Tipping The Scales: How to Market Your Law Firm in 60 Days

Tipping The Scales: How to Market Your Law Firm in 60 Days

Lawyers are the lynch pins of a civil, safe and just society (lawyer jokes aside). Attorneys are in such unique position where they must delicately balance the scales of justice and law with the principles of modern entrepreneurship– and the lawscape is a jungle out there. Law school is no longer the golden ticket it once seemed to be. In fact, “Above the Law” remarked in 2012 that law schools should probably come with disclaimers like “warning: employment statistics may explode under pressure,” and “only intended to be taken with a grain of salt.” In fact, only slightly more than half of law school graduates are finding work in the legal field, according to the ABA journal. However, there are few fields available to those who retain their degree and want to expand.

So what’s an attorney to do? There may not be a vast sea of new career opportunities out there for lawyers, so the best way to thrive is to adapt. The best way to adapt is to build a blueprint for success, which can start with a simple 60-day plan of how to market your law firm.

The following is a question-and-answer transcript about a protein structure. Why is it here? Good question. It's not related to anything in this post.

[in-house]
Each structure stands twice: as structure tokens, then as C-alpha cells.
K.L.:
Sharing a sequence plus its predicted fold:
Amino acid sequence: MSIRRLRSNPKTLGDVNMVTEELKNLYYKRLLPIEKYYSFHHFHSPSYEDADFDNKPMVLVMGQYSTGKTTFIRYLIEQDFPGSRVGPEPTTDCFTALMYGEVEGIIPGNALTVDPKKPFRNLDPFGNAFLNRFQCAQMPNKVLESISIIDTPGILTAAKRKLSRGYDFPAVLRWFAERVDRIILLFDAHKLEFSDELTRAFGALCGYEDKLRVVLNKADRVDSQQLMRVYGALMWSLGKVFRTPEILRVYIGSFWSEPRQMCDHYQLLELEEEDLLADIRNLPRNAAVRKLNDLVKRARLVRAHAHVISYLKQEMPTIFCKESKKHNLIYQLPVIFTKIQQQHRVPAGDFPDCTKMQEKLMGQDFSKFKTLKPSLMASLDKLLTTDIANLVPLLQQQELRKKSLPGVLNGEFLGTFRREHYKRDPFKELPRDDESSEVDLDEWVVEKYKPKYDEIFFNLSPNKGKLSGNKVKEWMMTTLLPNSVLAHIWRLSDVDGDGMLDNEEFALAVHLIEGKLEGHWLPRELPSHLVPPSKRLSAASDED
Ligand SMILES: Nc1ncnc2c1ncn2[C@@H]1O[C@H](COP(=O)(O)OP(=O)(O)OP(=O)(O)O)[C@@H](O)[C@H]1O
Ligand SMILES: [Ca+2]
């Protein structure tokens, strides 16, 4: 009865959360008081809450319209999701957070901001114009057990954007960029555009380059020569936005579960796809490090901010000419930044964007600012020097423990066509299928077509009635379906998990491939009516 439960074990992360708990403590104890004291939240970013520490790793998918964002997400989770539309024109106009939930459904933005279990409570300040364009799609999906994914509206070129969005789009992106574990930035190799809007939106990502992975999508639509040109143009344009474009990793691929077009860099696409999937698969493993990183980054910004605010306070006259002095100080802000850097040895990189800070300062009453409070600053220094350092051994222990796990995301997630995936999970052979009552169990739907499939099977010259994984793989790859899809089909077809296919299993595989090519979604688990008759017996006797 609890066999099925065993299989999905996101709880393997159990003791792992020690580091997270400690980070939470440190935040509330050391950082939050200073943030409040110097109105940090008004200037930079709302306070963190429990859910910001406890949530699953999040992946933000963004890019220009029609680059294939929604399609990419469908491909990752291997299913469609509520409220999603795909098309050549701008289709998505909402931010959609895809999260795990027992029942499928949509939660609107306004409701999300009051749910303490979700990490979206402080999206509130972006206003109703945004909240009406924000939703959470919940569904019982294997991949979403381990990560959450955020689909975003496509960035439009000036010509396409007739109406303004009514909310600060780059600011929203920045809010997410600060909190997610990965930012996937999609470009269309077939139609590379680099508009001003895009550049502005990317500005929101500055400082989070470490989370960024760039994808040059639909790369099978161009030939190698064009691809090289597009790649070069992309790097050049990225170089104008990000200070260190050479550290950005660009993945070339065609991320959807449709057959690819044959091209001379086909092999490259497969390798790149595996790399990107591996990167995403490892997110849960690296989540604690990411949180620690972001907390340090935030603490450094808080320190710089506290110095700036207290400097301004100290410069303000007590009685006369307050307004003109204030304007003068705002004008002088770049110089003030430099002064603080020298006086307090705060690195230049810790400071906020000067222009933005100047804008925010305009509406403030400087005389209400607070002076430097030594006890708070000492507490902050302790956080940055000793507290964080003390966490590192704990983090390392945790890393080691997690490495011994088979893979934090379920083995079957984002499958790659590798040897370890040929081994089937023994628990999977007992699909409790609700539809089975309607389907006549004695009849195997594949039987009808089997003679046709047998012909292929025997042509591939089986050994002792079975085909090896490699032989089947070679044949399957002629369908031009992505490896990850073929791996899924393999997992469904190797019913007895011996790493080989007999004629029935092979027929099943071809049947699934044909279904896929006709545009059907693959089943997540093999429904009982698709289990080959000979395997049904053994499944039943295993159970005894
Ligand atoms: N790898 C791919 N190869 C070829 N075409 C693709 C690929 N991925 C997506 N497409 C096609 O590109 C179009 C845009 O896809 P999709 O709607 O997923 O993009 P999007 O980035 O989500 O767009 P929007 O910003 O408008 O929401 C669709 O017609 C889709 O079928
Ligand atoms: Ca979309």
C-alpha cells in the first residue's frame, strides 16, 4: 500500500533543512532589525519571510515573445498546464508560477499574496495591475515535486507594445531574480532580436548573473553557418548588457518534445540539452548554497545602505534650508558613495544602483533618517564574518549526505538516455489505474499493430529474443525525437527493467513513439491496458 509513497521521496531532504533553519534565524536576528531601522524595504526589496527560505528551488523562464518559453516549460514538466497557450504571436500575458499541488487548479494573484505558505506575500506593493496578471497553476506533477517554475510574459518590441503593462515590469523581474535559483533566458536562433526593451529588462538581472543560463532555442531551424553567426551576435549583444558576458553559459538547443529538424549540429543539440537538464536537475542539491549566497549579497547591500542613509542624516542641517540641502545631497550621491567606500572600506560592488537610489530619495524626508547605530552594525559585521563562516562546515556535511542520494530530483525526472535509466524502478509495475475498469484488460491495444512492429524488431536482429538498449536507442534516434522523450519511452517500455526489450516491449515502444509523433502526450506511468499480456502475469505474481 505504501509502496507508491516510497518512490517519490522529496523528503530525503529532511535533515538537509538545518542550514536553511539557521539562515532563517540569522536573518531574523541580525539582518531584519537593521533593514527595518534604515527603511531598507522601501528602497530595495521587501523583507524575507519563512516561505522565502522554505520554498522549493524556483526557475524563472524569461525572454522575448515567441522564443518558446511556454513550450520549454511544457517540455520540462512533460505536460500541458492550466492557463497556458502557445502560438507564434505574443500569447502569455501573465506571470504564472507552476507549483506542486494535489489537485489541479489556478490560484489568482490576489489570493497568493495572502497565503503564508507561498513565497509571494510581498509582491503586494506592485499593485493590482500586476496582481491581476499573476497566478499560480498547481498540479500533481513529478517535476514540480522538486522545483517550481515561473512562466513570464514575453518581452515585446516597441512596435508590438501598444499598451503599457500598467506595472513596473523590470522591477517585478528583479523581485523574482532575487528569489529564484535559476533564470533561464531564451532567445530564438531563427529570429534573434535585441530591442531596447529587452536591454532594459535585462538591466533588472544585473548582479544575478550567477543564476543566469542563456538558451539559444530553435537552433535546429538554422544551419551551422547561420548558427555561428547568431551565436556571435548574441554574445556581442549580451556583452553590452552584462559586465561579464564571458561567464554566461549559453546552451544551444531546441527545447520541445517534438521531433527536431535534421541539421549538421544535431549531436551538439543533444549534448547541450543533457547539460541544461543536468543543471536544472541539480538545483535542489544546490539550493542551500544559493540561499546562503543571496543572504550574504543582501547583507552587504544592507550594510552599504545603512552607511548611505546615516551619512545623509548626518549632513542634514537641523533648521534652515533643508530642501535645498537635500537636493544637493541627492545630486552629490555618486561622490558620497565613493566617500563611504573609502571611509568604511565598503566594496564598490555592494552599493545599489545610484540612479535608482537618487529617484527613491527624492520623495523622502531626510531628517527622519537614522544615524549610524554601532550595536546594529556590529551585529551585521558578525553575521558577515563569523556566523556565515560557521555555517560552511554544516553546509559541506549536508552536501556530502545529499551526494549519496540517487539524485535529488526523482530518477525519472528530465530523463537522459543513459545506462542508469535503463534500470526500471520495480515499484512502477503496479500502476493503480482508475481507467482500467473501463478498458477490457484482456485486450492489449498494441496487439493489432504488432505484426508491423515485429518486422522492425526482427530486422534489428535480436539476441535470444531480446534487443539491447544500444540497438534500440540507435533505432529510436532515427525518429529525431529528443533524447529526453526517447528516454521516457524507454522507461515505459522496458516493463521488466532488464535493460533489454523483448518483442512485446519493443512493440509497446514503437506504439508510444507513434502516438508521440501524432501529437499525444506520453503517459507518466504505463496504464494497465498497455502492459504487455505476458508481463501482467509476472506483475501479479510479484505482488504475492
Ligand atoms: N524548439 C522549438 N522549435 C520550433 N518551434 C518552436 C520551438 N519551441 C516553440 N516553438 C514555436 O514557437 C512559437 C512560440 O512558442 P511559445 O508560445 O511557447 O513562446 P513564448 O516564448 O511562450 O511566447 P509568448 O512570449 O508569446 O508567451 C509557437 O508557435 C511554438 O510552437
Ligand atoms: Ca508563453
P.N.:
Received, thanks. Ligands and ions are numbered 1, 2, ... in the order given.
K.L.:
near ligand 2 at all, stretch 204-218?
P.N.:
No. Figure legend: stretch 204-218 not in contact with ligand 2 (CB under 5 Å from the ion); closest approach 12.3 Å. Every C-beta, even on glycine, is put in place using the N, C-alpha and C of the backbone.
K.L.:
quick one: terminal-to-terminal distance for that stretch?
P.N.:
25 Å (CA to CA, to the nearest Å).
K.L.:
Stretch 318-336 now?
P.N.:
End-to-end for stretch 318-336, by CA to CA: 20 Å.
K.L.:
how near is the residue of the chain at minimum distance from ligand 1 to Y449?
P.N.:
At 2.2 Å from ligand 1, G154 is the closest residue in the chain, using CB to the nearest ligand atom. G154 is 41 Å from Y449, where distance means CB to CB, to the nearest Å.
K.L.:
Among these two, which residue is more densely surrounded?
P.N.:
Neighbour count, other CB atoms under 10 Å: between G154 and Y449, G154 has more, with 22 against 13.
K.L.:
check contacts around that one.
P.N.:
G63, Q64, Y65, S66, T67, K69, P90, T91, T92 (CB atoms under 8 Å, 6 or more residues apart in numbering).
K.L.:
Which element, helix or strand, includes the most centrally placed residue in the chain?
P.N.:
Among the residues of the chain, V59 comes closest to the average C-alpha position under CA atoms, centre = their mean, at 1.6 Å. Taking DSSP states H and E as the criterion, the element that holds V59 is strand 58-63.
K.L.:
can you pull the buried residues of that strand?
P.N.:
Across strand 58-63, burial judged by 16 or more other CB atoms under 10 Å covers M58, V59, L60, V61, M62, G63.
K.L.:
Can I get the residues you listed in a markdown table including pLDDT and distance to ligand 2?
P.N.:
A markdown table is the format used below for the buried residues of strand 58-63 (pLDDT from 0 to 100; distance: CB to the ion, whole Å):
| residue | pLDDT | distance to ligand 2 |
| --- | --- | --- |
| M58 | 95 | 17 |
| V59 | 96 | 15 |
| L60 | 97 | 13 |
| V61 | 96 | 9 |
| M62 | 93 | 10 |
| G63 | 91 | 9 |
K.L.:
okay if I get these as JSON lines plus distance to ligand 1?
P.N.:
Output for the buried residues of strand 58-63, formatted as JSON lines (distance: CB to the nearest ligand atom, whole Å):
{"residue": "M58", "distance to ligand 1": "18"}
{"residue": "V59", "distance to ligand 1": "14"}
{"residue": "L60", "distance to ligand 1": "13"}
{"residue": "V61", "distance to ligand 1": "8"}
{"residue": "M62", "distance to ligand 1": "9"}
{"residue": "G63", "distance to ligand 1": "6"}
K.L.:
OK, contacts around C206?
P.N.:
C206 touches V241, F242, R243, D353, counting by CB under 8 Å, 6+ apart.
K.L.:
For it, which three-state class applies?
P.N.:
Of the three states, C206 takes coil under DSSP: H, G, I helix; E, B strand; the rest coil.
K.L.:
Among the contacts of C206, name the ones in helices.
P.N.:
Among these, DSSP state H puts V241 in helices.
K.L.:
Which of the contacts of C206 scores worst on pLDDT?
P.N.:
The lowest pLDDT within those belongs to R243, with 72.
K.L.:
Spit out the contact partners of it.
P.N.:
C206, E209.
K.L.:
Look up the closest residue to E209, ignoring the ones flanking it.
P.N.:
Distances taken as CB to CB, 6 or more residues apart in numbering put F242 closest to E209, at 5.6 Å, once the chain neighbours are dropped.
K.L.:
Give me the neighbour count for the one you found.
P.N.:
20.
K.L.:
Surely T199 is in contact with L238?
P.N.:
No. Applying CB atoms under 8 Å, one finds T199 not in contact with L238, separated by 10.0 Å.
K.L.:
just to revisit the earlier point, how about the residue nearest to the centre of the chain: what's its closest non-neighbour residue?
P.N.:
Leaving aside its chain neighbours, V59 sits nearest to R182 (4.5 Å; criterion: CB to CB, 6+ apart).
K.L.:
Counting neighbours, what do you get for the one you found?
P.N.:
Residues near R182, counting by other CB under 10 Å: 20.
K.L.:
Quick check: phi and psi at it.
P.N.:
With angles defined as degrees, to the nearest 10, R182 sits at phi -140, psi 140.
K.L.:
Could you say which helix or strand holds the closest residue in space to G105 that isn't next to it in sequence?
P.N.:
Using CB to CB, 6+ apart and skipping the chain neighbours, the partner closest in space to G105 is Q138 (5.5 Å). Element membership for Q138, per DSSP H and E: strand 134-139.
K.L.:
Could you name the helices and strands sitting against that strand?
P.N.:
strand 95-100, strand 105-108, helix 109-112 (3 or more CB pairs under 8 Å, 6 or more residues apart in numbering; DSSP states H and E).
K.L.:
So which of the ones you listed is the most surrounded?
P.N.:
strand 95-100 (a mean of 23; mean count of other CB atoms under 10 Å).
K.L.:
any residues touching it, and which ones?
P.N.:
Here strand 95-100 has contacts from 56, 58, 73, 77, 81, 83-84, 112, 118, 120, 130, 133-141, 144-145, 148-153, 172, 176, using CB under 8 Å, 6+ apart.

Step 1: Don’t Arrest Your Assessment

In 2015, to lack a solid, multi-pronged marketing plan that includes an effective online presence is a grave offense, yet hours of studying the marketing climate is something many attorneys can’t spare, or they simply aren’t prepared for the marketing aspects of the road ahead. That’s why your plan needs to start out with your commitment to “plan the work and work the plan.” It’s not the Magna Carta; it’s an investment into your future (which who knows, may even lead to a new, better Magna Carta, but you won’t have the chance if your name is buried under louder lawyers.)

Will Rogers said “The minute you read something you can’t understand, you can almost be sure it was drawn up by a lawyer.” Although no two businesses or marketing plans should ever be exactly the same, there are some base assessment questions every attorney should ponder during the first week of drafting their marketing plan. ATL notes that every attorney’s marketing plan should be SMART, an acronym for Specific, Measurable, Attainable, Realistic and Timely. AMT also offers a great template as a jumping point for your marketing plan, found here, downloadable at the Legal Marketing Reader’s report.

Step 2: A Habeas Mobile Coup-us

Mobile marketing for attorneys has begun to emerge as a tour de force in the legal world, and as every last man, woman and child seems glued to their phone, finessing this dominant force will soon be the key to many industries that serve clients. Aside from grazing Facebook and checking into LinkedIn here and there, most people reach for their cell phone when they want to truly connect. That’s where mobile apps come in. The technology at our fingertips is fantastic, but the greatness behind new apps isn’t the tech– it’s that they use it to personalize experiences you can’t get from a machine.